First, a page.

EU Policies : EU presents new directives for air pollution and urban wastewater treatment

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“Our health depends on our environment. An unhealthy environment has direct and costly consequences for our health”, Executive Vice-President for the European Green Deal, Frans Timmermans, said when the European Commission presented its new policies to improve air quality and on treating urban wastewater. “Each year, hundreds of thousands Europeans die prematurely and many more suffer from heart- and lung diseases or pollution-induced cancers.”

“The cost of inaction is far greater than the cost of prevention. That is why the Commission is acting now to ensure coordinated action across the Union to better tackle pollution at source - locally and cross-border,” Commissioner for the Environment, Oceans and Fisheries, Virginijus Sinkevičius added.

Air pollution alone means nearly 300,000 Europeans die prematurely each year. According to the Commission the proposed new rules will reduce deaths resulting from levels of the main pollutant PM2.5 above World Health Organization guidelines by more than 75% in ten years. Learning the lessons from current laws, the Commission proposes to both tighten allowed levels of pollutants and to improve implementation to ensure pollution reduction goals are more often reached in practice.

Zero pollution aim by 2050

The proposed revision of the Ambient Air Quality Directives will set interim 2030 EU air quality standards, aligned more closely with World Health Organization guidelines, while putting the EU on a trajectory to achieve zero pollution for air at the latest by 2050, in synergy with climate-neutrality efforts. The annual limit value for the main pollutant - fine particulate matter (PM2.5) - is proposed to be cut by more than half. The revision will also ensure that people suffering health damages from air pollution have the right to be compensated in the case of a violation of EU air quality rules.

Improved and more cost-effective treatment of urban wastewater

The revised Urban Wastewater Treatment Directive aims for cleaner rivers, lakes, groundwaters and seas while making wastewater treatment more cost-effective. Wastewater should be more and more seen as a resource. So the Commission proposes to aim for energy-neutrality of the sector by 2040, and improve the quality of sludge to allow for more reuse.

Several improvements will support health and environmental protection:

  • Obligations to recover nutrients from wastewater
  • Require EU countries to monitor pathogens in wastewater
  • Make the industry pay for micropollutants: 92% toxic micropollutants found in EU wastewaters come from pharmaceuticals and cosmetics, a new Extended Producer Responsibility scheme will require producers to pay for the cost of removing them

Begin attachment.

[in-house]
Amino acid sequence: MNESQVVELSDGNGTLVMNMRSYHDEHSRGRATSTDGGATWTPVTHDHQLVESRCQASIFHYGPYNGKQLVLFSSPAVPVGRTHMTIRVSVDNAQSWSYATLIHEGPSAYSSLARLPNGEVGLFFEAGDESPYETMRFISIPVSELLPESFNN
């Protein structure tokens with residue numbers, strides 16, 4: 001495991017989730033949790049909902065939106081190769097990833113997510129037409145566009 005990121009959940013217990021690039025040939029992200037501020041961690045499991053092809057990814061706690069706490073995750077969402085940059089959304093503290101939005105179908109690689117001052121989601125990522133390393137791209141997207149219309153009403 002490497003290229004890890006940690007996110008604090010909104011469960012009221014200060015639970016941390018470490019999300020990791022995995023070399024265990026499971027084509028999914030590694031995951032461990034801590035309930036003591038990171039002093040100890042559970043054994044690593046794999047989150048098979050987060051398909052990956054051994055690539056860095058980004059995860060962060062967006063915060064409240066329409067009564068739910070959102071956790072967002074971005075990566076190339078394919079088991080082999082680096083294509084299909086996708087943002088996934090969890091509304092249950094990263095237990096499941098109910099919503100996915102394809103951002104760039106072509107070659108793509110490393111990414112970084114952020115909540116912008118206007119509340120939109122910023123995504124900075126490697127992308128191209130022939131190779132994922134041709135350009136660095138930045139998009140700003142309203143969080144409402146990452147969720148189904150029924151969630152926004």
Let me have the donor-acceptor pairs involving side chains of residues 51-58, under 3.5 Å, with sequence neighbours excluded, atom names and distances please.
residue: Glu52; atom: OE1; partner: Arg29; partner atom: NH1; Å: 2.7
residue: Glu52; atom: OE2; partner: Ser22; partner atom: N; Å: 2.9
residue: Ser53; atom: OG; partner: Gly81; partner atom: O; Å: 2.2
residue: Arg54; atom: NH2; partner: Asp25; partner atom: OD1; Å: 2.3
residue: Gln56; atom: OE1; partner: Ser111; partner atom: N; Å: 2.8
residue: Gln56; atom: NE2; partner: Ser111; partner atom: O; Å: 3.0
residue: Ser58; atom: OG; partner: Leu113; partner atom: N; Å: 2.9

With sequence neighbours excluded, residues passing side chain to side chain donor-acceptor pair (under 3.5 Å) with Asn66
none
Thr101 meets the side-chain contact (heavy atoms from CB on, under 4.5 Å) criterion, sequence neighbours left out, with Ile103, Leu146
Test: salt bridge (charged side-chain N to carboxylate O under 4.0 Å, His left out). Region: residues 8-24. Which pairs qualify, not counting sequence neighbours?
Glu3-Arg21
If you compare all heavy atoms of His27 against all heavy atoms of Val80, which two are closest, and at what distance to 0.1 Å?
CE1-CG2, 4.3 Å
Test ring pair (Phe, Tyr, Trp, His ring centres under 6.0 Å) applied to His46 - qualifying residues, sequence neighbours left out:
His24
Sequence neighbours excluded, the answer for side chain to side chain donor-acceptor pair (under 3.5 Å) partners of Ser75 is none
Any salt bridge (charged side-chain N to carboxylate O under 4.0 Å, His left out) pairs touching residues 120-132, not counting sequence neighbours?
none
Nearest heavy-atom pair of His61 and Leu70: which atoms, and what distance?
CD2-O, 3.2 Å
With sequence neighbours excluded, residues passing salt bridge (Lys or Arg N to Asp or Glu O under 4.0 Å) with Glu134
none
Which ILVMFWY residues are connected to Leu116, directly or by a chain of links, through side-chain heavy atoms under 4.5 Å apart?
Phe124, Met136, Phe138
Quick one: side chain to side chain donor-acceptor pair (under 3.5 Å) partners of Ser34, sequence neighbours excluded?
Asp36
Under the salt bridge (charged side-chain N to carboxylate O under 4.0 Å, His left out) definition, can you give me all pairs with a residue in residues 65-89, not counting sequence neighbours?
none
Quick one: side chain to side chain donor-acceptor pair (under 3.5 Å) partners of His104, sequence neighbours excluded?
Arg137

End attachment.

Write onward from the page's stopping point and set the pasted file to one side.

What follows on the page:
• New monitoring requirements for microplastics
  • Improve access to sanitation especially for the most vulnerable and marginalized (around 10 Mio Europeans still lack access to basic sanitation services)
  • Obligations to treat water will be extended to smaller municipalities with 1,000 inhabitants (from 2,000 inhabitants currently)
  • Better controlling septic tanks
  • Introducing integrated water management plans in larger cities to help manage heavy rains

The European Commission proposes to aim for energy-neutrality of the wastewater treatment sector by 2040, and improve the quality of sludge to allow for more reuse.

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Valuable green energy source

Finally the Commission recognizes the significant untapped renewable energy production potential of the wastewater sector. With anaerobic digestion it wastewater sludge can be used to produce biogas for example. To avoid the loss of resources EU countries will be required to track industrial pollution at source to increase the possibilities of re-using sludge and treated wastewater. Rules on recovering phosphorus from sludge will support their use to make fertiliser, benefiting food production.

The changes are estimated to increase costs by 3.8% (to €3.8 billion a year in 2040) for a benefit of over €6.6 billion a year, with a positive cost-benefit ratio in each Member State.

Protection of surface and groundwater against new pollutants

Based on up-to-date scientific evidence, the Commission is proposing to update lists of water pollutants to be more strictly controlled in surface waters and groundwater.

25 substances with well-documented problematic effects on nature and human health will be added to the lists. These include:

  • PFAS, a large group of “forever chemicals” used among others in cookware, clothing and furniture, fire-fighting foam and personal care products;
  • a range of pesticides and pesticide degradation products, such as glyphosate;
  • Bisphenol A, a plasticiser and a component of plastic packaging;
  • some pharmaceutical used as painkillers and anti-inflammatory drugs, as well as antibiotics.

In addition, learning the lessons from incidents such as the mass death of fish in the Oder river, the Commission proposes mandatory downstream river basin warnings after incidents. There are also improvements to monitoring, reporting, and easier future updates of the list to keep up with science.

In addition, standards for 16 pollutants already covered by the rules, including heavy metals and industrial chemicals, will be updated (mostly tightened) and four pollutants that are no longer an EU-wide threat will be removed.

Next steps

The proposals will now be considered by the European Parliament and the Council. Once adopted, they will take effect progressively, with different targets for 2030, 2040, and 2050 – giving industry and authorities time to adapt and invest where necessary.